What is Open Tuning? A Quick Guide
Open tuning is a term that means tuning your guitar so that a chord can be played “openly,” or without fretting. The base chord consists of at least three notes and may include all of the strings or a subset. It often makes for easier playing depending on what key you are playing in. It’s often used in folk and blues music. Many renowned guitarists such as Ry Cooder and Keith Richards frequently use open tuning in their playing.
Particular keys and why you’d use them
When open tuning your guitar, you have a myriad of choices. The following are what you will find professional players use the most often:
G – The Most Common
Guitarists such as Keith Richards and Sonny Landreth often tune their guitars to G when they play. In open G, the strings are tuned down to D G D G B D.
The key of D is used when you want to add a touch of dark mysticism to a song. Some examples of well-known songs that use this tuning are Led Zeppelin’s “Kashmir,” “Even Flow” by Pearl Jam, and Pink Floyd’s “Poles Apart.” The tuning is D A D G A D or sometimes D A D F# A D.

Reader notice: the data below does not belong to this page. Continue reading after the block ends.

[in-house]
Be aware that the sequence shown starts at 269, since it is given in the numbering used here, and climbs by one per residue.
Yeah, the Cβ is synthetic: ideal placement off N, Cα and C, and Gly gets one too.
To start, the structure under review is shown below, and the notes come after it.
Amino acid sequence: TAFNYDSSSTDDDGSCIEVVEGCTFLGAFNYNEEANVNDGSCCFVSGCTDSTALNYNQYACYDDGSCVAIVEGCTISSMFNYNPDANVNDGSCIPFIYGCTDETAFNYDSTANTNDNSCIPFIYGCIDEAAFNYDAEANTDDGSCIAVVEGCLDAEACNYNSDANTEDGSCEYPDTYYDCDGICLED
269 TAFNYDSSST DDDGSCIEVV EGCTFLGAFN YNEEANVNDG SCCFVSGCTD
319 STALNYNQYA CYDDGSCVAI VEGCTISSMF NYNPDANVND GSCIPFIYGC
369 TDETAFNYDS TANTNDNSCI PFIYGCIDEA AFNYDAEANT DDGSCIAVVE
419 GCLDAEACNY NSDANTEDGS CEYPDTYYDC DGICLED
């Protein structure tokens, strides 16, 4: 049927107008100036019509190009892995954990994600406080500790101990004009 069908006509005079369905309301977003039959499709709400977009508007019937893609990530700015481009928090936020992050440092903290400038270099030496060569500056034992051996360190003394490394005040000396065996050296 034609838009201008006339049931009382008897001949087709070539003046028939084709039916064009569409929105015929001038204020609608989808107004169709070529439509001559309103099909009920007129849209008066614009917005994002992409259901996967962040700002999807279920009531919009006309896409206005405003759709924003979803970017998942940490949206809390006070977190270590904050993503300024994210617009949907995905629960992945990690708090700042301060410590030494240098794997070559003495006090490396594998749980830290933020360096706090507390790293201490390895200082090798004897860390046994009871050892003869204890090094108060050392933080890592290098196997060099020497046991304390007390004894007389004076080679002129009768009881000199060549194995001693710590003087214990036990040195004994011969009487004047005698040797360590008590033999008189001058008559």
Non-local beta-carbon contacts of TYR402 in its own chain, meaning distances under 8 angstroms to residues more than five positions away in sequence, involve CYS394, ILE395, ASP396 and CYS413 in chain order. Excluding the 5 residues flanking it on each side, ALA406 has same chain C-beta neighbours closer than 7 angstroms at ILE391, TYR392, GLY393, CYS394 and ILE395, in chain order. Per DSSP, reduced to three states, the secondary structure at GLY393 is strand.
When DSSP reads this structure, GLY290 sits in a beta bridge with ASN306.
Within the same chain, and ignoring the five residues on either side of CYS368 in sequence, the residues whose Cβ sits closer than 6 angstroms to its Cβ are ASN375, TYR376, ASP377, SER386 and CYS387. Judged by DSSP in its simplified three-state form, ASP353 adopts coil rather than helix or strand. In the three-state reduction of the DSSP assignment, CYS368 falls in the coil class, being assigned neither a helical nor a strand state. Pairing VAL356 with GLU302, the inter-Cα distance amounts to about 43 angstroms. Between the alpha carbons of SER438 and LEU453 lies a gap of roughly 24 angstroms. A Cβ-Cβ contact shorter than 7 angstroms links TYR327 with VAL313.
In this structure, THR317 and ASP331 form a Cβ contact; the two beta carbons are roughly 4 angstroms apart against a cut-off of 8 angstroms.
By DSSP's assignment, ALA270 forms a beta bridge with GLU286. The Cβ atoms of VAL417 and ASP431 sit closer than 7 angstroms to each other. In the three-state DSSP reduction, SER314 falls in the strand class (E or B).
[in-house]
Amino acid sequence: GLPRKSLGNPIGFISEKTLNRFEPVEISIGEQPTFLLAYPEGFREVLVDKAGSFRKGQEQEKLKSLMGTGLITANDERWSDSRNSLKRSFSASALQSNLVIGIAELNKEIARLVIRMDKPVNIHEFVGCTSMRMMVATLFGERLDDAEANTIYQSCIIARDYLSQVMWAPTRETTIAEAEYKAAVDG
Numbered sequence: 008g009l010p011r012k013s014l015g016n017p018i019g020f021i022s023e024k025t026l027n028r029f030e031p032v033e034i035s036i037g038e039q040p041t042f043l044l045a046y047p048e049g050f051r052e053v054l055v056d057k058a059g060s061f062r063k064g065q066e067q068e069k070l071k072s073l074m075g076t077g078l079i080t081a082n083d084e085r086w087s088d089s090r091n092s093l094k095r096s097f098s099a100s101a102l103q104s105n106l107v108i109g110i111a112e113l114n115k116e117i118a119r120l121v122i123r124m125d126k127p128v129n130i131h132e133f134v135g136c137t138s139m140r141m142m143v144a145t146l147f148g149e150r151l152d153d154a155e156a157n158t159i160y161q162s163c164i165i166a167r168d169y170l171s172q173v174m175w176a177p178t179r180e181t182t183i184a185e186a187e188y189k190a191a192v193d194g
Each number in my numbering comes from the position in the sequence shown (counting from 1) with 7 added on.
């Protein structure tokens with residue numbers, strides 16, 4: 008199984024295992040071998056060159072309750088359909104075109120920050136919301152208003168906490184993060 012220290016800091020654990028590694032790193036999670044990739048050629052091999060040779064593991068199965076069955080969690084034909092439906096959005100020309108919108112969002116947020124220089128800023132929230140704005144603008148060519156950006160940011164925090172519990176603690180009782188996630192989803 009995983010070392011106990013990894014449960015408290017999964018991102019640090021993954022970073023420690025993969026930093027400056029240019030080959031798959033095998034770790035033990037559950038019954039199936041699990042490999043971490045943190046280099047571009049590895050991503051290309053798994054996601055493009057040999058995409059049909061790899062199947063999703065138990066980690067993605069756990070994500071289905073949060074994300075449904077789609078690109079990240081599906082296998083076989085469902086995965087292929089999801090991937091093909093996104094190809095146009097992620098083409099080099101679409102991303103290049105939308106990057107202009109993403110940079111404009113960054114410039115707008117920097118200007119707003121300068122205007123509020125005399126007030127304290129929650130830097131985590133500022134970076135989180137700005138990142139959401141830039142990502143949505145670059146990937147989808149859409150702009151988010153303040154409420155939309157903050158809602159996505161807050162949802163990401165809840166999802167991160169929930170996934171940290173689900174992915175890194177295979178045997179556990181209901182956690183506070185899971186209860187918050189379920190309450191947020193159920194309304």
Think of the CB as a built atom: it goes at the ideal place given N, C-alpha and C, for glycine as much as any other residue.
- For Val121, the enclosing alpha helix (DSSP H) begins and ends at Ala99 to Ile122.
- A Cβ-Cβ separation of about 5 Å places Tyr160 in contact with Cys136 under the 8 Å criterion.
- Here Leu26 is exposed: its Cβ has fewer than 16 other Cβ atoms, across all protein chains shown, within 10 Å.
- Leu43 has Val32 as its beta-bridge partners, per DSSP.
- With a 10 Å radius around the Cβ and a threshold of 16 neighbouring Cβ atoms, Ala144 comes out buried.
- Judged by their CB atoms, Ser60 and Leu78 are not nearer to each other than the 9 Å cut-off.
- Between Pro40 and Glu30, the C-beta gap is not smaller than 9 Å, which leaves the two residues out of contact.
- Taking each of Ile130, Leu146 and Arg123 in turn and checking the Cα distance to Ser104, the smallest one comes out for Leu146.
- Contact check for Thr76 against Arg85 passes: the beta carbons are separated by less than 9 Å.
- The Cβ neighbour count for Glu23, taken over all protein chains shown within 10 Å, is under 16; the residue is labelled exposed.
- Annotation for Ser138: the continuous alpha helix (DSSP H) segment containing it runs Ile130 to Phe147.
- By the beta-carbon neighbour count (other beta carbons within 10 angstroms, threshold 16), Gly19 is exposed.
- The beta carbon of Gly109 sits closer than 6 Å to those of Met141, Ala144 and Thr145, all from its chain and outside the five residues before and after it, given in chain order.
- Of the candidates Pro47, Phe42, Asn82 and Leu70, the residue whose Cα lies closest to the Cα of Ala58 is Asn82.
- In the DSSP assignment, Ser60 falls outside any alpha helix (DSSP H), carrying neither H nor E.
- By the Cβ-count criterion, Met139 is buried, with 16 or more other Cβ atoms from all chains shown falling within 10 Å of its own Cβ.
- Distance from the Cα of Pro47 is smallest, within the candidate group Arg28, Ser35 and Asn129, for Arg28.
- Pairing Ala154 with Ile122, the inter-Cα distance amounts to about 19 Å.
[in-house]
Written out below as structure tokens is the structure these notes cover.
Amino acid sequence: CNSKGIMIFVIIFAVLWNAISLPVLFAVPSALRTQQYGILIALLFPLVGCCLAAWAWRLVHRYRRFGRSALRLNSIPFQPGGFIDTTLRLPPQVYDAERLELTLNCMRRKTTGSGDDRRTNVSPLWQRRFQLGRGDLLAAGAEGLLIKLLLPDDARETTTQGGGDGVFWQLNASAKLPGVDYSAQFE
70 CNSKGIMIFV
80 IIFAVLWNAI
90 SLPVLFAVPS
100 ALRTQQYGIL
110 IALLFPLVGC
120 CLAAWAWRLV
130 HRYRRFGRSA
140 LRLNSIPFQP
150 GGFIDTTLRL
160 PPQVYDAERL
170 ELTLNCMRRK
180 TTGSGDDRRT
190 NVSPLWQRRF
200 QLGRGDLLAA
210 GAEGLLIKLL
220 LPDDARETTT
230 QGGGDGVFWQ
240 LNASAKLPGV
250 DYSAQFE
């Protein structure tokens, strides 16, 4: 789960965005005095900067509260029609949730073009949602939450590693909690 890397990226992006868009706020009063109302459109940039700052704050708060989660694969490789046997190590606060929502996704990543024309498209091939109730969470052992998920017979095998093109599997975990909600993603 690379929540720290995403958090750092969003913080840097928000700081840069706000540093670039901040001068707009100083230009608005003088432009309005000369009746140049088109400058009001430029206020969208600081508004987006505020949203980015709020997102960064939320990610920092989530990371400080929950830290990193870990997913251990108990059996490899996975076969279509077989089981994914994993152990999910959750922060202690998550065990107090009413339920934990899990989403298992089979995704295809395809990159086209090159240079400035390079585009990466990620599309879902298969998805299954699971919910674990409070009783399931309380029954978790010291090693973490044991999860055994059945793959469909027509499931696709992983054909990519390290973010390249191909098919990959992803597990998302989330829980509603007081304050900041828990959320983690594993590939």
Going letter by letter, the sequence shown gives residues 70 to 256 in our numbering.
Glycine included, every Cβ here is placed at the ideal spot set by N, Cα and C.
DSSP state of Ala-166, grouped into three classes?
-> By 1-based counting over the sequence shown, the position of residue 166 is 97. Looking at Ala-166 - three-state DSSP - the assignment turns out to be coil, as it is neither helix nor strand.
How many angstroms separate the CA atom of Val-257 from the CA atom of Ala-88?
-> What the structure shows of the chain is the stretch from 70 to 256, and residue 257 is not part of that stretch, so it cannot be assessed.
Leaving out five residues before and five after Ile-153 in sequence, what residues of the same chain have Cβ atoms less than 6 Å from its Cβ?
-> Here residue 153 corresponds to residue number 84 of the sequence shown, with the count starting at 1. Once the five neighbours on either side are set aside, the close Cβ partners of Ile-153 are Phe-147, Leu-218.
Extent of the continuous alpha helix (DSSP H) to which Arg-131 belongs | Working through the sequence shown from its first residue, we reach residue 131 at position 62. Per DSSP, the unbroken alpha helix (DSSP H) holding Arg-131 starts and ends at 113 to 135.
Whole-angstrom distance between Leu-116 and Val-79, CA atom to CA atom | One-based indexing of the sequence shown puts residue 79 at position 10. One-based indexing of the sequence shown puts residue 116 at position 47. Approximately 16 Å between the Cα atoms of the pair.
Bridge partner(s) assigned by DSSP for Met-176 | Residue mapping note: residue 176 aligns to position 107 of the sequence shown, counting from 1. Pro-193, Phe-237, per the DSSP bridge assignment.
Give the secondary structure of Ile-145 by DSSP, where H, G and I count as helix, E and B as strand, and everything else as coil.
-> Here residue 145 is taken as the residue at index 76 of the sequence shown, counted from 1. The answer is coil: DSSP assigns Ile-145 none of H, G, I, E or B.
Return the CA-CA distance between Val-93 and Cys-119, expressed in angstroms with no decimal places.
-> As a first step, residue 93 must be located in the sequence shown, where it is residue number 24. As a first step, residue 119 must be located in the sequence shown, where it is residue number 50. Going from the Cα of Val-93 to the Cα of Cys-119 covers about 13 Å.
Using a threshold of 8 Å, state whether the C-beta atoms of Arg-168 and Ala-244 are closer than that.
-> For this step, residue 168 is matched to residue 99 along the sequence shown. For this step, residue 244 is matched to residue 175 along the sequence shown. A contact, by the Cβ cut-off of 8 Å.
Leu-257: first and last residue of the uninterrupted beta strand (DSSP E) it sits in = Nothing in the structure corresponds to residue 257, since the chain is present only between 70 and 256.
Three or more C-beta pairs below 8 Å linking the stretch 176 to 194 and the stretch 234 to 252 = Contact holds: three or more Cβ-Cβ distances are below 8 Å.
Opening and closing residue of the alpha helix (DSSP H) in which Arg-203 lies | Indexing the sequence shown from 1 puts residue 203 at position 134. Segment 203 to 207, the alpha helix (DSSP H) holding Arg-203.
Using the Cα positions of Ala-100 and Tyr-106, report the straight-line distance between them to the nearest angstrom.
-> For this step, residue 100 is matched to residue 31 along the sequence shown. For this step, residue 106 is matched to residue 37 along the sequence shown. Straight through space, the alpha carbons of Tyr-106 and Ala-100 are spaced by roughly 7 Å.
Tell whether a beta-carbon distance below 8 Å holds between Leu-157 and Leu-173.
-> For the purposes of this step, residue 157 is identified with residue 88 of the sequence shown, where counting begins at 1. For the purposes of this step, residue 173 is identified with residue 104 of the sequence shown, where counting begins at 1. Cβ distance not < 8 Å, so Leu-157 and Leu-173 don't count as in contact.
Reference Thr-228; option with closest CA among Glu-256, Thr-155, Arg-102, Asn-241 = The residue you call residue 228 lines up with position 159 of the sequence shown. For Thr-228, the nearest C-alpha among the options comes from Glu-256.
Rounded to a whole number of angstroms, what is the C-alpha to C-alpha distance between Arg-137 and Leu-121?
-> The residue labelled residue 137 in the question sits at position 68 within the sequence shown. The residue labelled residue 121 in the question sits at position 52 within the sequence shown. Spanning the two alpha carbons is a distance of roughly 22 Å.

The key of E may be a good tuning to use when you are playing slide guitar. It has also been used by the Rolling Stones (“Jumping Jack Flash”), The Black Crowes (“She Talks to Angels”), and ZZ Top (“Just Got Paid”). The tuning for this key is E B E G# B E.
Tuning your guitar to the key of A would be a choice when you want to expand beyond other open tunings. The White Stripes’ “Seven Nation Army” is an example of a song incorporating this lesser-used tuning, which low to high is E A C♯E A E
Besides open tuning, there are a few others that you may want to explore. Drop D tuning, for example is used often in Heavy Metal music because of its dark undertones.
Some guitarists will tune down a half step or whole step when they are playing alternative or metal.
Why Alternate Tuning?
As with many other things, the purpose of learning alternate tunings is to expand your musical palette. With greater variety in tunings, you can play in many different modes. If you own more than one guitar, it is recommended that you have different tunings for each extra guitar. This is especially helpful if you are performing onstage.
Your Choices are Many!
There are as many tuning structures for your guitar as there are styles of playing. As you grow in your ability and confidence, you may find yourself having fun trying out different tunings until you have a few that you prefer for specific songs or sets.
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